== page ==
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Untitled
What foods were historical figures like Emily Dickinson, Benjamin Franklin, and Leonardo Da Vinci eating during their lifetimes? On this week's episode of A Taste of the Past, Linda Pelaccio chats with Tori Avey- author and food writer- and the editor and curator of TheHistoryKitchen.com! Tori, who also serves as the chair for the IACP Food History Section, became interested in history through her grandparents, and was always fascinated by the kitchen. Hear how Tori combined her two loves by researching Jewish cuisine, and how that research fueled TheHistoryKitchen.com. Later, hear Linda and Tori talk about the importance of referencing primary sources in culinary history. Follow the recipe below to bake one of Emily Dickinson's favorite cakes! This program has been sponsored by White Oak Pastures. Thanks to Four Lincolns for today's music.

"It's really important that the research be solid on the site. I have open comments; I want readers to be able to interact with the content." [9:45]

"One of the things that really fascinates me is connecting to a historical person and seeing what they were eating or cooking." [12:50]

-- Tori Avey on A Taste of the Past

-------------------------------------

Emily Dickinson's Coconut Cake

2 cups flour

1 tsp cream of tartar + 1/2 tsp baking soda OR 1 1/2 tsp baking powder

1 cup sugar

1/2 cup unsalted butter, room temperature

2 eggs

1/2 cup milk

1 cup shredded coconut

Preheat your oven to 325 degrees F. In a large mixing bowl, sift together the flour and cream of tartar + baking soda OR baking powder. I used my antique sifter to get in the "Emily Dickinson" mood.

In a medium mixing bowl, cream the butter and sugar together till the mixture is light and fluffy, and the sugar is well incorporated into the butter. I did this by hand, the old fashioned way, like Emily Dickinson would have. It took several minutes. You can do it much faster with an electric mixer.

Mix in the eggs, then the milk.

Add liquid ingredients to dry and stir till just incorporated. A thick batter will form. Do not overmix.

Fold in the shredded coconut. If your shredded coconut is dry (not fresh), rehydrate it with a little warm water and drain well before mixing it into the batter. Again, don't overmix.

Spread the batter into a small loaf pan.

Bake the cake for 50-60 minutes on the middle rack of your oven till cooked through and golden brown around the edges. Test with a skewer or toothpick for doneness in a few places-- if the toothpick comes out clean (no wet batter sticking to it), it's done.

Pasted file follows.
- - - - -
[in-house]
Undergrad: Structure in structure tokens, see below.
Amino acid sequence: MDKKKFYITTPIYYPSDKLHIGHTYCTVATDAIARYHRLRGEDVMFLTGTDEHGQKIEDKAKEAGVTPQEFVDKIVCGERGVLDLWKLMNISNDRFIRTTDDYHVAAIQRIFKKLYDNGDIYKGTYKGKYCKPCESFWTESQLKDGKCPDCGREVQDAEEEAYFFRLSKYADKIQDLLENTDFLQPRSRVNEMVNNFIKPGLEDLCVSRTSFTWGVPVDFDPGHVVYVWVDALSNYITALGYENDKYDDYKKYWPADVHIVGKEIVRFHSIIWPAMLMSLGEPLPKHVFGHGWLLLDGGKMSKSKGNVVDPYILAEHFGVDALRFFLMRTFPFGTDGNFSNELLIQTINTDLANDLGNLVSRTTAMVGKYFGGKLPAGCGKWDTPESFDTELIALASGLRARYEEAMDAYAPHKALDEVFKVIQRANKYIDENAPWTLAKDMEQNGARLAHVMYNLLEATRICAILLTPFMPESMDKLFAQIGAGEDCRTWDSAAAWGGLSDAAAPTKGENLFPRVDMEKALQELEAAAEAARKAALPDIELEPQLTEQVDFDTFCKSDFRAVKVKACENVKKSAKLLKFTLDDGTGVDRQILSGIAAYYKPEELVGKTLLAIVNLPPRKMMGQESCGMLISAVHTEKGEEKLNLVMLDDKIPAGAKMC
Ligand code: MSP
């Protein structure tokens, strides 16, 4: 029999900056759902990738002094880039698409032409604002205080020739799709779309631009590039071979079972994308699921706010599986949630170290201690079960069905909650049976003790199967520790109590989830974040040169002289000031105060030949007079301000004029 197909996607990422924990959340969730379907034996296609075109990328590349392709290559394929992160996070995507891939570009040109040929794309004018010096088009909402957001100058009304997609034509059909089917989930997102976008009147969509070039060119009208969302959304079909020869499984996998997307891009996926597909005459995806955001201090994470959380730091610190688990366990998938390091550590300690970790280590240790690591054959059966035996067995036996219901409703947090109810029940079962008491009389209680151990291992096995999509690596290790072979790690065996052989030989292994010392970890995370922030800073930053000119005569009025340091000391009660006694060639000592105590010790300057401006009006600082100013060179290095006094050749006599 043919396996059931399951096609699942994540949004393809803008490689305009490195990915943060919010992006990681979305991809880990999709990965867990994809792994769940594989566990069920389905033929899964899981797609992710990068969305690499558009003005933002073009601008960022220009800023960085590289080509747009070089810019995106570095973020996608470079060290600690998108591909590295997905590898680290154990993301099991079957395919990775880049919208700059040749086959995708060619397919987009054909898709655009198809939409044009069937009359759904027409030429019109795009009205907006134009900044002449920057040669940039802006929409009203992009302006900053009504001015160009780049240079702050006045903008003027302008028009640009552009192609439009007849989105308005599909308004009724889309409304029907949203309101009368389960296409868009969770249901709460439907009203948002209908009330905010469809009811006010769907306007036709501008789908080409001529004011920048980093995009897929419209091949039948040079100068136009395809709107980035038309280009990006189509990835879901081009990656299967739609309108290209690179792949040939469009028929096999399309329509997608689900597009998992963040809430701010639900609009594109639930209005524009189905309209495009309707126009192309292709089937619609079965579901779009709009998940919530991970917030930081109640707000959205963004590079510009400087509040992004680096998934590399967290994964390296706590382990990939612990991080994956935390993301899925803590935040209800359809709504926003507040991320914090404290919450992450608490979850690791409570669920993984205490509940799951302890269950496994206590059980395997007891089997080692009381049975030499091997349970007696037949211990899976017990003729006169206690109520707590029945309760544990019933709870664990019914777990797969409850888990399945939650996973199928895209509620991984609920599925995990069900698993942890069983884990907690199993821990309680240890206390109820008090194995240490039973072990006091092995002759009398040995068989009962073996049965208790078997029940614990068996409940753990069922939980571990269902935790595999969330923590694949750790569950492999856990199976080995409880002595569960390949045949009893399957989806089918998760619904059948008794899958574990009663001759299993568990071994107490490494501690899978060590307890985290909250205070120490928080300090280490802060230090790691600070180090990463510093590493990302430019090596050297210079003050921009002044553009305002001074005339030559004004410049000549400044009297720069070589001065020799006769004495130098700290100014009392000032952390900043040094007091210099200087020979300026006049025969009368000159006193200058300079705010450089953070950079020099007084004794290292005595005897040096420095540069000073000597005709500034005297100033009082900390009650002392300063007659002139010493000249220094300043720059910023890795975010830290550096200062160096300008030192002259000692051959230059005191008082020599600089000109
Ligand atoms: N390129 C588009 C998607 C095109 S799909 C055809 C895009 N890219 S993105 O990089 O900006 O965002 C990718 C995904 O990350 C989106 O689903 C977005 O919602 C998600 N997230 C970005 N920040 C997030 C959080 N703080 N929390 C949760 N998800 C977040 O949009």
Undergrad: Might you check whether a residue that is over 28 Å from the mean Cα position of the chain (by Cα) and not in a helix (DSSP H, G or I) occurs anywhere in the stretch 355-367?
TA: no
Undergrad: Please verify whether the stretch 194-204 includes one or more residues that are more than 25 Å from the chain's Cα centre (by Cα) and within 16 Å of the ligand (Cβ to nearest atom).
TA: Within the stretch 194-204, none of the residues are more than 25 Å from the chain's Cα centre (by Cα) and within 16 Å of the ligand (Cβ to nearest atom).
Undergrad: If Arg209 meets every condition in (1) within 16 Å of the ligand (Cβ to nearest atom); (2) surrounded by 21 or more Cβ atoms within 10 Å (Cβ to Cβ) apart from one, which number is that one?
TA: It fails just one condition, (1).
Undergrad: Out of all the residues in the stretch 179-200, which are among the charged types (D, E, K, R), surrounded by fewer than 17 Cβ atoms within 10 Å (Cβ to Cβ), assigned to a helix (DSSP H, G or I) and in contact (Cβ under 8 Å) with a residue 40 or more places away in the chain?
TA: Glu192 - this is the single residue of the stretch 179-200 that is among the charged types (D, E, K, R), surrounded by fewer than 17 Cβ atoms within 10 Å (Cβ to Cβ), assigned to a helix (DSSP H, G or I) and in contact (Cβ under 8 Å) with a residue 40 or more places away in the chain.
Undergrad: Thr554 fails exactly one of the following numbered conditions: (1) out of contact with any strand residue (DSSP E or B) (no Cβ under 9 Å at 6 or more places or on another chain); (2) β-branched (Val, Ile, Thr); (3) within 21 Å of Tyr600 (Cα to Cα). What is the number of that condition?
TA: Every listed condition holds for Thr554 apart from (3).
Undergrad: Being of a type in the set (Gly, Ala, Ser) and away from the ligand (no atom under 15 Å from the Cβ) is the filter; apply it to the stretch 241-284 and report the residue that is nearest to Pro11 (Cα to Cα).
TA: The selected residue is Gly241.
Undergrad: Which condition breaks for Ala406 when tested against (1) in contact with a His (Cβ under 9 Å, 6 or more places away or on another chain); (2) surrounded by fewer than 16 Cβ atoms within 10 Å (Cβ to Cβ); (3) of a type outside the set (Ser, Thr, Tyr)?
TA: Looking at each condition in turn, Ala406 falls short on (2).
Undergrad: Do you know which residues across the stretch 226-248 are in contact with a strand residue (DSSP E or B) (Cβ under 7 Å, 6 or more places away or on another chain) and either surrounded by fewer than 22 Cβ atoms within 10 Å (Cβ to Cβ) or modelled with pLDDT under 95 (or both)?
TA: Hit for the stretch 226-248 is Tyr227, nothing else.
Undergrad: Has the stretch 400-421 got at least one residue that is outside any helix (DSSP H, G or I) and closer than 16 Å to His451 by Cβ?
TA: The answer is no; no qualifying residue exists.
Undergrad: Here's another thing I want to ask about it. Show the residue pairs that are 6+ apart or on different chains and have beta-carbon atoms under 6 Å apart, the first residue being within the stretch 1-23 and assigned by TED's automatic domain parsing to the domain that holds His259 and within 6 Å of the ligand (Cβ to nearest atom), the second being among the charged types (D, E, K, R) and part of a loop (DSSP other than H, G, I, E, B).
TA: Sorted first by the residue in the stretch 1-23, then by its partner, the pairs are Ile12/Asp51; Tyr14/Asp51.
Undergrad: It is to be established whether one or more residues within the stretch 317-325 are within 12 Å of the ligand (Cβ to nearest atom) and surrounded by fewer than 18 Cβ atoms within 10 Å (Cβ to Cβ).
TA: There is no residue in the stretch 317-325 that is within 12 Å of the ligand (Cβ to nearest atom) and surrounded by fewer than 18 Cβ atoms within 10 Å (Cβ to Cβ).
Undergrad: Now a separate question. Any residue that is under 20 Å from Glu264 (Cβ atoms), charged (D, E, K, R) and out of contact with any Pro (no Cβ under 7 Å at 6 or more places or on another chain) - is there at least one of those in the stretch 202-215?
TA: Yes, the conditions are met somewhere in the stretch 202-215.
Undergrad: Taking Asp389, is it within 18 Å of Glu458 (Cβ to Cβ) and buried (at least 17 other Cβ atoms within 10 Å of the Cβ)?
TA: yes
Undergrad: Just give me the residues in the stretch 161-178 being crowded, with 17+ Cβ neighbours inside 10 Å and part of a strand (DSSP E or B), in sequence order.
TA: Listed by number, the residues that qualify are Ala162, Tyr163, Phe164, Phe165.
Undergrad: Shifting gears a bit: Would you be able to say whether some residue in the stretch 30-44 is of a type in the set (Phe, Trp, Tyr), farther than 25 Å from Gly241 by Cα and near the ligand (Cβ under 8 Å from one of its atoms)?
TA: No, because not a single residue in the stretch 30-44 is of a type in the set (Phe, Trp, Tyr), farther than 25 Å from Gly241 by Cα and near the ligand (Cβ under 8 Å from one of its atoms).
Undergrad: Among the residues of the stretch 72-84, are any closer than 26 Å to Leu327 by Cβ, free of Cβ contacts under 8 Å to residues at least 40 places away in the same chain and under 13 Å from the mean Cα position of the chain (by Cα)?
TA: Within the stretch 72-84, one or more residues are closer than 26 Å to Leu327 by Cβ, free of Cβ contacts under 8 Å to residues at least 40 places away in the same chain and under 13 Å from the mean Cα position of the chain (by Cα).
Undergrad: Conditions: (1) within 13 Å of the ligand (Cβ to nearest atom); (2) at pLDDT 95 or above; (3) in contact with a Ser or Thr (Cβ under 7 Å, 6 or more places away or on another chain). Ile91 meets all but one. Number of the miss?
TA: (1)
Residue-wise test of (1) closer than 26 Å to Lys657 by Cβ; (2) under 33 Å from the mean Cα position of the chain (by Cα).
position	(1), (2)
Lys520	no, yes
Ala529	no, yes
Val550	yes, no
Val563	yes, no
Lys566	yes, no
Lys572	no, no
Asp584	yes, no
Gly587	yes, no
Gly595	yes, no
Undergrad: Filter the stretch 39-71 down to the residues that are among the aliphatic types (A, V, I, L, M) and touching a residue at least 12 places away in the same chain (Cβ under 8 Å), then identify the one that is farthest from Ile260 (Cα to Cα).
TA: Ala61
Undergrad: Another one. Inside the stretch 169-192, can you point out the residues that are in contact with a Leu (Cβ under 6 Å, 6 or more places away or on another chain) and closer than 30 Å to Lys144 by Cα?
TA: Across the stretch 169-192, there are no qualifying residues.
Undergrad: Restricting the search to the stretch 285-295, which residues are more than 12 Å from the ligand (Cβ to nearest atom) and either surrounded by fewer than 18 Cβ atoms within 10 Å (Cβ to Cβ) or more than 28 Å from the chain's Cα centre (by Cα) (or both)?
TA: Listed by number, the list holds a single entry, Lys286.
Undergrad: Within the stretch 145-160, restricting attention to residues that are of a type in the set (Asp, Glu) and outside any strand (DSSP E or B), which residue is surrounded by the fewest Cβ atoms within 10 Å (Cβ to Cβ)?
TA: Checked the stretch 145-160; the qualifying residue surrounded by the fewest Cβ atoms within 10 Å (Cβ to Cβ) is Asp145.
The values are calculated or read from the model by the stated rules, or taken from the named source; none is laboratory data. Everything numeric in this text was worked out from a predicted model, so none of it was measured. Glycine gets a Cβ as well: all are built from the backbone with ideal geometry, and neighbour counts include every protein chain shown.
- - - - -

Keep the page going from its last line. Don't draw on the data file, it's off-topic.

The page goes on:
The cake is not overly sweet, which was perfect for me (I don't like my desserts too sweet). If you want to sweeten it up, use a bit more sugar, or use sweetened coconut instead of regular coconut. Enjoy!


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This week on A Taste of the Past, Linda Pelaccio welcomes guest Gustavo Arellano to discus the history of the taco. Gustavo is the author of Taco USA: How Mexican Food Conquered America, an editor at OC weekly, and a contributing editor to the LA Times. Linda and Gustavo discuss the evolution of the meal we now know as the taco, and how the taco differs around the U.S. This show has been sponsored by S. Wallace Edwards & Sons. Thanks to Pamela Royal.

"There's a time for every taco and a season for every torta." [12:35]

Gustavo Arellano on A Taste of the Past


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This week on A Taste of the Past, Linda Pelaccio talks about the history of ramen in Japan and the United States with George Solt, author of The Untold History of Ramen. Tune into this episode to learn how international relations and trade agreements allowed ramen to evolve in Japan using non-traditional ingredients. How do ramen noodles different from other Japanese noodle soups like soba? How did ramen preparations change in order to satisfy the caloric needs of the Japanese population. Tune into this program to learn more about the first instances of instant ramen, ramen museum, and the dish's nutritional value! Are ramen shops in Japan as popular as their equivalents in the United States today? Tune in to find out! Thanks to our sponsor, S. Wallace Edwards & Sons. Music by Pamela Royal.

"Until the introduction of Western food culture en mass in the 19th Century, the Japanese didn't eat much meat; it was much more of fish and vegetable type of eating culture... It shows how politics, international relations, and trade affect food culture." [6:50]

"The pushcart is really the site that the ramen phenomenon came from." [9:20]

-- George Solt on A Taste of the Past


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